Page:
WAU, 17 July 2014 – Western Bahr el Ghazal state governor Rizik Zackaraia Hassan has publicly called for South Sudan’s capital Juba in Central Equatoria to be transferred to Western Bahr el Ghazal’s Wau.
- The governor of South Sudan’s Western Bahr el Ghazal state, Rizik Zackaria Hassan, speaks at a public rally in the capital, Wau, on 16 July 2014 (ST)
He said the the transfer of the nation’s capital would be a step towards decentralisation and increase development in other states, saying current infrastructure improvement in Juba were due to the presence of the national government.
“We the people of Western Bahr el Ghazal state need the capital to be allocated to Wau so that Wau can get tarmac roads and power electricity which Juba has been enjoying,” he said.
Hassan made the comments on Wednesday during a visit by president Salva Kiir on Wednesday, who addressed tens of thousands of people in Wau’s main square.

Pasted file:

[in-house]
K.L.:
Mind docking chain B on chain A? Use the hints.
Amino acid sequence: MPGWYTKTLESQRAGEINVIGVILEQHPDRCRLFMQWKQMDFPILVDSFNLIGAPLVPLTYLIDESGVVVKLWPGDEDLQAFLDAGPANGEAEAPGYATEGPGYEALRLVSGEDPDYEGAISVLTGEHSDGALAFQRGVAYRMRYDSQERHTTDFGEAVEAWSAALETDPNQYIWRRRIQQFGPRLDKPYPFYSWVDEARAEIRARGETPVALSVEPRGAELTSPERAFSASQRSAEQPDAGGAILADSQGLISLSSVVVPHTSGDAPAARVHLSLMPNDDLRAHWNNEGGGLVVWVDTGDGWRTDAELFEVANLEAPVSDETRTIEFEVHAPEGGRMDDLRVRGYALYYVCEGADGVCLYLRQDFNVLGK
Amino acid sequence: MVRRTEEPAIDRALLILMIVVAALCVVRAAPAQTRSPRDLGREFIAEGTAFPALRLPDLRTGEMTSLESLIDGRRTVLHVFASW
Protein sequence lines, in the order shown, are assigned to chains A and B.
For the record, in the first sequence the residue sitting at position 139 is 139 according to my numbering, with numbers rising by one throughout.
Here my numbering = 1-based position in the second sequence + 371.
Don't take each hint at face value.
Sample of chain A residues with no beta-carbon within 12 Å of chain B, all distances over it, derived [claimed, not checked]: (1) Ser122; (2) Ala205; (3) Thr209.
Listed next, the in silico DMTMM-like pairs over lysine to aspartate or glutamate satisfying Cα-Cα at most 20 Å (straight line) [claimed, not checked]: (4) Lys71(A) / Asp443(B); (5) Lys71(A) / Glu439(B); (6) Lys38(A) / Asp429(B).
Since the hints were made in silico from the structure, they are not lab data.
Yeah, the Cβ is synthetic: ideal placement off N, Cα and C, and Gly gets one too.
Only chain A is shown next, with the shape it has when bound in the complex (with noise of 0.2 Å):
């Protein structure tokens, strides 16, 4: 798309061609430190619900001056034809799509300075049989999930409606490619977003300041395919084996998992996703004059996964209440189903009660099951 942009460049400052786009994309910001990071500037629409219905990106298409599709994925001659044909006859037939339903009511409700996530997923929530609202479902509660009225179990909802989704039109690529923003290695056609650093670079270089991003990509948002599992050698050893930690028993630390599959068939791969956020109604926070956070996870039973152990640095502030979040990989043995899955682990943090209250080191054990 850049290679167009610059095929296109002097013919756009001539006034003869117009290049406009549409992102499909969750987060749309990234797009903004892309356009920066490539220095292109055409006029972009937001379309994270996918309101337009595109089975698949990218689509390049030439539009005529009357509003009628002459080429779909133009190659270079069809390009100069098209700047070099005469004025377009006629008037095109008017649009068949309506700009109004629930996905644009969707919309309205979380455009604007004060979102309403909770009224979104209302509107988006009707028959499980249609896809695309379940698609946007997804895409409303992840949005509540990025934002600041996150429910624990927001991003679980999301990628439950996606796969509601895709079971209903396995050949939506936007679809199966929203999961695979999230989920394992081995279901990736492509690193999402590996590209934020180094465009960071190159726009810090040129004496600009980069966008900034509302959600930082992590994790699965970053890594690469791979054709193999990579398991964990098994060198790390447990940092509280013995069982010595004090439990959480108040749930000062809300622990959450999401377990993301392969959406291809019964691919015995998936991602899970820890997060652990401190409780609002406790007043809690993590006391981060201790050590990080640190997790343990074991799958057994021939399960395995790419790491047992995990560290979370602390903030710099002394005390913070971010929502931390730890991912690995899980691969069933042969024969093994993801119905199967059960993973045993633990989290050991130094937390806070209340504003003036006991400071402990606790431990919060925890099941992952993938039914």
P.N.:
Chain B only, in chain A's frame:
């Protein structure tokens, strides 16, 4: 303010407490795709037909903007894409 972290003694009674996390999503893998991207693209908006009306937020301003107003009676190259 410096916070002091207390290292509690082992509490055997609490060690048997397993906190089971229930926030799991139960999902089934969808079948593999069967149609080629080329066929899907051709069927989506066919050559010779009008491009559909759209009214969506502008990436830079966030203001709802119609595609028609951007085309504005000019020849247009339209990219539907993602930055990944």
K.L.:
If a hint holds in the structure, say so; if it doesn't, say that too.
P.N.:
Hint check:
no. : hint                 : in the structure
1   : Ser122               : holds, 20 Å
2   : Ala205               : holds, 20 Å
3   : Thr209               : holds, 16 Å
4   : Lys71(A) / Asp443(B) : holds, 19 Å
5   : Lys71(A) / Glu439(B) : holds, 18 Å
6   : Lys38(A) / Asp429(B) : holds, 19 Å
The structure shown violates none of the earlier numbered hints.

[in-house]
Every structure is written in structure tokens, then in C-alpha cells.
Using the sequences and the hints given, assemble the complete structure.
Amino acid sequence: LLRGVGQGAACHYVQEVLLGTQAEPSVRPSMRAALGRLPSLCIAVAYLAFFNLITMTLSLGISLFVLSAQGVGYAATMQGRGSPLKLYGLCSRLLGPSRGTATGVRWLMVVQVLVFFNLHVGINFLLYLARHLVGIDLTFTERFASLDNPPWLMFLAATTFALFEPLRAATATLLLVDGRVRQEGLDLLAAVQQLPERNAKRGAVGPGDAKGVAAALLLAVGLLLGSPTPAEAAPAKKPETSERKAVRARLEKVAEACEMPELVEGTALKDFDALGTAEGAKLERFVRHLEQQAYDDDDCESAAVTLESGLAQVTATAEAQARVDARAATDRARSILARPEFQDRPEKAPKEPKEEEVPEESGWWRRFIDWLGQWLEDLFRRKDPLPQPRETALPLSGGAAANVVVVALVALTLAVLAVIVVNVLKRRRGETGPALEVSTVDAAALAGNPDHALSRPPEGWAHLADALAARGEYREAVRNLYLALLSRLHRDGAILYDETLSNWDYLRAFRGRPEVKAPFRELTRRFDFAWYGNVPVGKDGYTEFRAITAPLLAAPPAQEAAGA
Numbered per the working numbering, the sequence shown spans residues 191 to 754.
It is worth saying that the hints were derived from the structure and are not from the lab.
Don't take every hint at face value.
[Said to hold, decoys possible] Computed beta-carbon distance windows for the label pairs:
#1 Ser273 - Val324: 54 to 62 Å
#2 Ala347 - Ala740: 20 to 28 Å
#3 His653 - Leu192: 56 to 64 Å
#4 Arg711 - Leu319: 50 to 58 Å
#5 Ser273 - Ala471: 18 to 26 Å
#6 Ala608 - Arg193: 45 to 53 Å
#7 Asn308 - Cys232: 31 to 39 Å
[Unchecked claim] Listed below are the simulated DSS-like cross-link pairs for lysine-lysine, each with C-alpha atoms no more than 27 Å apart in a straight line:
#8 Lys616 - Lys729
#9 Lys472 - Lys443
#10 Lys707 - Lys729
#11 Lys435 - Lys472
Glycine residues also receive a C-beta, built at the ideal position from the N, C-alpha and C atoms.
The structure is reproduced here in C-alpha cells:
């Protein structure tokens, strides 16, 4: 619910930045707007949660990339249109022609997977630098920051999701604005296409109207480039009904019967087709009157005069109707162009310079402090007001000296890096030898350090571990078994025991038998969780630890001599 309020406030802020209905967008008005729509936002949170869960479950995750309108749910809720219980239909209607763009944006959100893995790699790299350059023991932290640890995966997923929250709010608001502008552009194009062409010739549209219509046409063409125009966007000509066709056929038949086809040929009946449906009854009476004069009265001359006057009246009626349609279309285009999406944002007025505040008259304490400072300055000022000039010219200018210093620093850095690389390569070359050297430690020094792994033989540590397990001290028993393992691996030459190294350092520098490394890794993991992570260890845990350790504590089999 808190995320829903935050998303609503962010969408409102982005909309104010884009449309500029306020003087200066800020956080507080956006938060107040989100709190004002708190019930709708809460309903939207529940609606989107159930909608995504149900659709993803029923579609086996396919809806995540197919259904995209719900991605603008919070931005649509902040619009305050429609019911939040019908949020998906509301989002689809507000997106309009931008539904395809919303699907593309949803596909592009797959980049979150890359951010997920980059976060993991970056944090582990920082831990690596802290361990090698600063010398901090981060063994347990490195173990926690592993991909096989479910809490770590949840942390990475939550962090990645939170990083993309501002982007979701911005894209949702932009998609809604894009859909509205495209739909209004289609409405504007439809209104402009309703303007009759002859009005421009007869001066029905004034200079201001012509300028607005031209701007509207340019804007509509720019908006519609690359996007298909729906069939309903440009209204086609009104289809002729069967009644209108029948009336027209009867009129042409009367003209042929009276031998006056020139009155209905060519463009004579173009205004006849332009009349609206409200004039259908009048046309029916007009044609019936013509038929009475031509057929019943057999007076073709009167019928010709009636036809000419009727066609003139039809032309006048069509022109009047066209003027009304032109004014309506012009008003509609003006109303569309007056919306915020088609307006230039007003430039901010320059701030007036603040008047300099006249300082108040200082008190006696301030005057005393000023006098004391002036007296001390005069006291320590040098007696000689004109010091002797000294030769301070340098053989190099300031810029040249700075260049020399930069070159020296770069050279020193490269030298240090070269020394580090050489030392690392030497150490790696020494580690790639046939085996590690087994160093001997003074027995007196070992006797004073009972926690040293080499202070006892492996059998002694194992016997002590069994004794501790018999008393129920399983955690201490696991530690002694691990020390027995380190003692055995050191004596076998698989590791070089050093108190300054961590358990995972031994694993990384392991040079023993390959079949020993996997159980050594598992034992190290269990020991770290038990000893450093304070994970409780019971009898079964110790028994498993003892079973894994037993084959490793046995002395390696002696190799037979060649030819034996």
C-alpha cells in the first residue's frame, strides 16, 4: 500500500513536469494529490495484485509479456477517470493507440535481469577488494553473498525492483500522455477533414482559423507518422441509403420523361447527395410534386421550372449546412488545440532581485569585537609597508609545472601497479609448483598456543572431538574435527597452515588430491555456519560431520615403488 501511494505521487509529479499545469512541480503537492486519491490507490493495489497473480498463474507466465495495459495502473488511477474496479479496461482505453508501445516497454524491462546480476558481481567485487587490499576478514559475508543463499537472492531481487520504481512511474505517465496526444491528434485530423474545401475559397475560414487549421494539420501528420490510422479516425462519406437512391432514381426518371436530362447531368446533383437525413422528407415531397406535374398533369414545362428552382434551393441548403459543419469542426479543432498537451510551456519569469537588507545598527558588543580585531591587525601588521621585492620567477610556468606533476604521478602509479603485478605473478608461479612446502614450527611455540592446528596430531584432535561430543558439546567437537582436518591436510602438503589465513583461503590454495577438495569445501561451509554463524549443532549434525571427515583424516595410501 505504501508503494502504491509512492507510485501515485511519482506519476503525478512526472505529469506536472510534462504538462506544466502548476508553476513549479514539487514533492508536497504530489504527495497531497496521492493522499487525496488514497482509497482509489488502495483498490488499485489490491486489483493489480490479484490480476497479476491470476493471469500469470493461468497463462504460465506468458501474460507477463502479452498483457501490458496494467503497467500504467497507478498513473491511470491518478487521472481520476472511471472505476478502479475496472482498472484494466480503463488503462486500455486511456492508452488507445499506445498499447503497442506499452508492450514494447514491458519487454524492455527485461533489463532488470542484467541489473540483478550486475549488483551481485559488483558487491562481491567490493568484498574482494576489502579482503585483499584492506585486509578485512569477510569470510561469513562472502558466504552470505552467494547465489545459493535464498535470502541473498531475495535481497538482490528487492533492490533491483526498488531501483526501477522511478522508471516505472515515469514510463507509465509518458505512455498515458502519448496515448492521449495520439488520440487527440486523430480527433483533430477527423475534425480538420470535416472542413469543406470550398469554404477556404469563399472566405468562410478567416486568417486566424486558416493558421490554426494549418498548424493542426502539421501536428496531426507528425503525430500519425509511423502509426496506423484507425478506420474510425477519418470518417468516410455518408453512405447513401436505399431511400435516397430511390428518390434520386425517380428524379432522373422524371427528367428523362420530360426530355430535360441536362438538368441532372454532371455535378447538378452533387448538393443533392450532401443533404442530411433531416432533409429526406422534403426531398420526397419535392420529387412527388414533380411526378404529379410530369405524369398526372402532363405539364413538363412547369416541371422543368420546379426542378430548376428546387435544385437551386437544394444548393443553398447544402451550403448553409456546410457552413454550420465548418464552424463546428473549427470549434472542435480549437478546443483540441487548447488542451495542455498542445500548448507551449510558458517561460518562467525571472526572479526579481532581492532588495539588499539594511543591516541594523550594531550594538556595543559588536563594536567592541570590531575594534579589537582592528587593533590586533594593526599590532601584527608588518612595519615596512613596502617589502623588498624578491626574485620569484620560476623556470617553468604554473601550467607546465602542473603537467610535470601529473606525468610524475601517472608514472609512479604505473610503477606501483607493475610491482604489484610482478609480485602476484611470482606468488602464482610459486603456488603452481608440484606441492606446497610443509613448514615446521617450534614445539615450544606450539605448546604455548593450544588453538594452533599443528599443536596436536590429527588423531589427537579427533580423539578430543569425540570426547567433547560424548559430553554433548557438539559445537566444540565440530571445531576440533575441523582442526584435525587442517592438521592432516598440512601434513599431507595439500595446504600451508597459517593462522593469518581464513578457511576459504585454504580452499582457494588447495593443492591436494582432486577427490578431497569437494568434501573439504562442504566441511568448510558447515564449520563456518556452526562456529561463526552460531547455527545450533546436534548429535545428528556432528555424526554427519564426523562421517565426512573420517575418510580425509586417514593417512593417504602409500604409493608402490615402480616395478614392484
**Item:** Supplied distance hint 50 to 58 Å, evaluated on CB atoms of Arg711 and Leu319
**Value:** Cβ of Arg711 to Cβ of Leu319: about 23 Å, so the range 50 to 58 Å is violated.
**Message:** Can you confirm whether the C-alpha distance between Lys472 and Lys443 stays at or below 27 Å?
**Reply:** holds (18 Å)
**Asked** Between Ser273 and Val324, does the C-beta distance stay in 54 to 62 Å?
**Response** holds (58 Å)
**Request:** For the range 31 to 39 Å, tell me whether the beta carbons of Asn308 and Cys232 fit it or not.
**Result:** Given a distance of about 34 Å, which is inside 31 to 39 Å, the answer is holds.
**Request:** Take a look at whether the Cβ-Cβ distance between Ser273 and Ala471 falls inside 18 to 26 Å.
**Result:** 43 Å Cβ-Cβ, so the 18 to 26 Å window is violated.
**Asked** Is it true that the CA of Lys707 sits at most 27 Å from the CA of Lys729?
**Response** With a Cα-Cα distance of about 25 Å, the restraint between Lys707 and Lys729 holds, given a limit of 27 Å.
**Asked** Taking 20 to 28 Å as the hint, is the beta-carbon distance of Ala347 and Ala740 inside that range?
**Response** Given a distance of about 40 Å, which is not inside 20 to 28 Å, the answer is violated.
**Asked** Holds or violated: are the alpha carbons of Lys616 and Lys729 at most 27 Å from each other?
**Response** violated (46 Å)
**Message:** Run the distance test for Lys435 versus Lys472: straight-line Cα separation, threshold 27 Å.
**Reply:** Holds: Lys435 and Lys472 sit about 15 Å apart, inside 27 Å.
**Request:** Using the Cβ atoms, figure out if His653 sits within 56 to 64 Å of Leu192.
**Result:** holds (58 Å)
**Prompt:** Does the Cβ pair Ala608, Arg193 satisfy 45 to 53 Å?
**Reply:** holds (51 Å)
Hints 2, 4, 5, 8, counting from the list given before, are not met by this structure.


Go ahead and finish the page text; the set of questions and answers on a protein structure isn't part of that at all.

Hassan said he was not confident the introduction of a federal system of government would lead to further development and a more equitable distribution of resources, as has been claimed by its proponents.
“I think some of [the] states will collapse if South Sudan earlier adopts [a] federal system before ensuring equal improvement of its states’ capitals,” Hassan said.
“This is because some of these states did not have natural or enough revenue resources which can enable them to develop their own capacities. They will collapse if the national government stops raising its support to these states financially,” he added.
He claimed Western Bahr el Ghazal and other states in the country would become victims under a federal system due to the high number of unemployed graduates.
The comments were welcomed by those attending the mass rally in Wau.
Hassan was the first state governor to reject a proposed federal governing system, followed by his counterpart in Warrap state, Paul Dhel Gum, who said those calling for the system in the country are calling for the disintegration of the country.
Calls by South Sudan’s rebel faction under the leadership of former vice-president Riek Machar for the introduction of a federal system have found public support.
However, Kiir has rejected the demands, saying peace and stability must first be restored before any decision on South Sudan’s political future.
Pro-Machar rebels have been engaged in an armed struggle with government forces loyal to Kiir since a political split in the ruling SPLM erupted in violence in mid-December last year.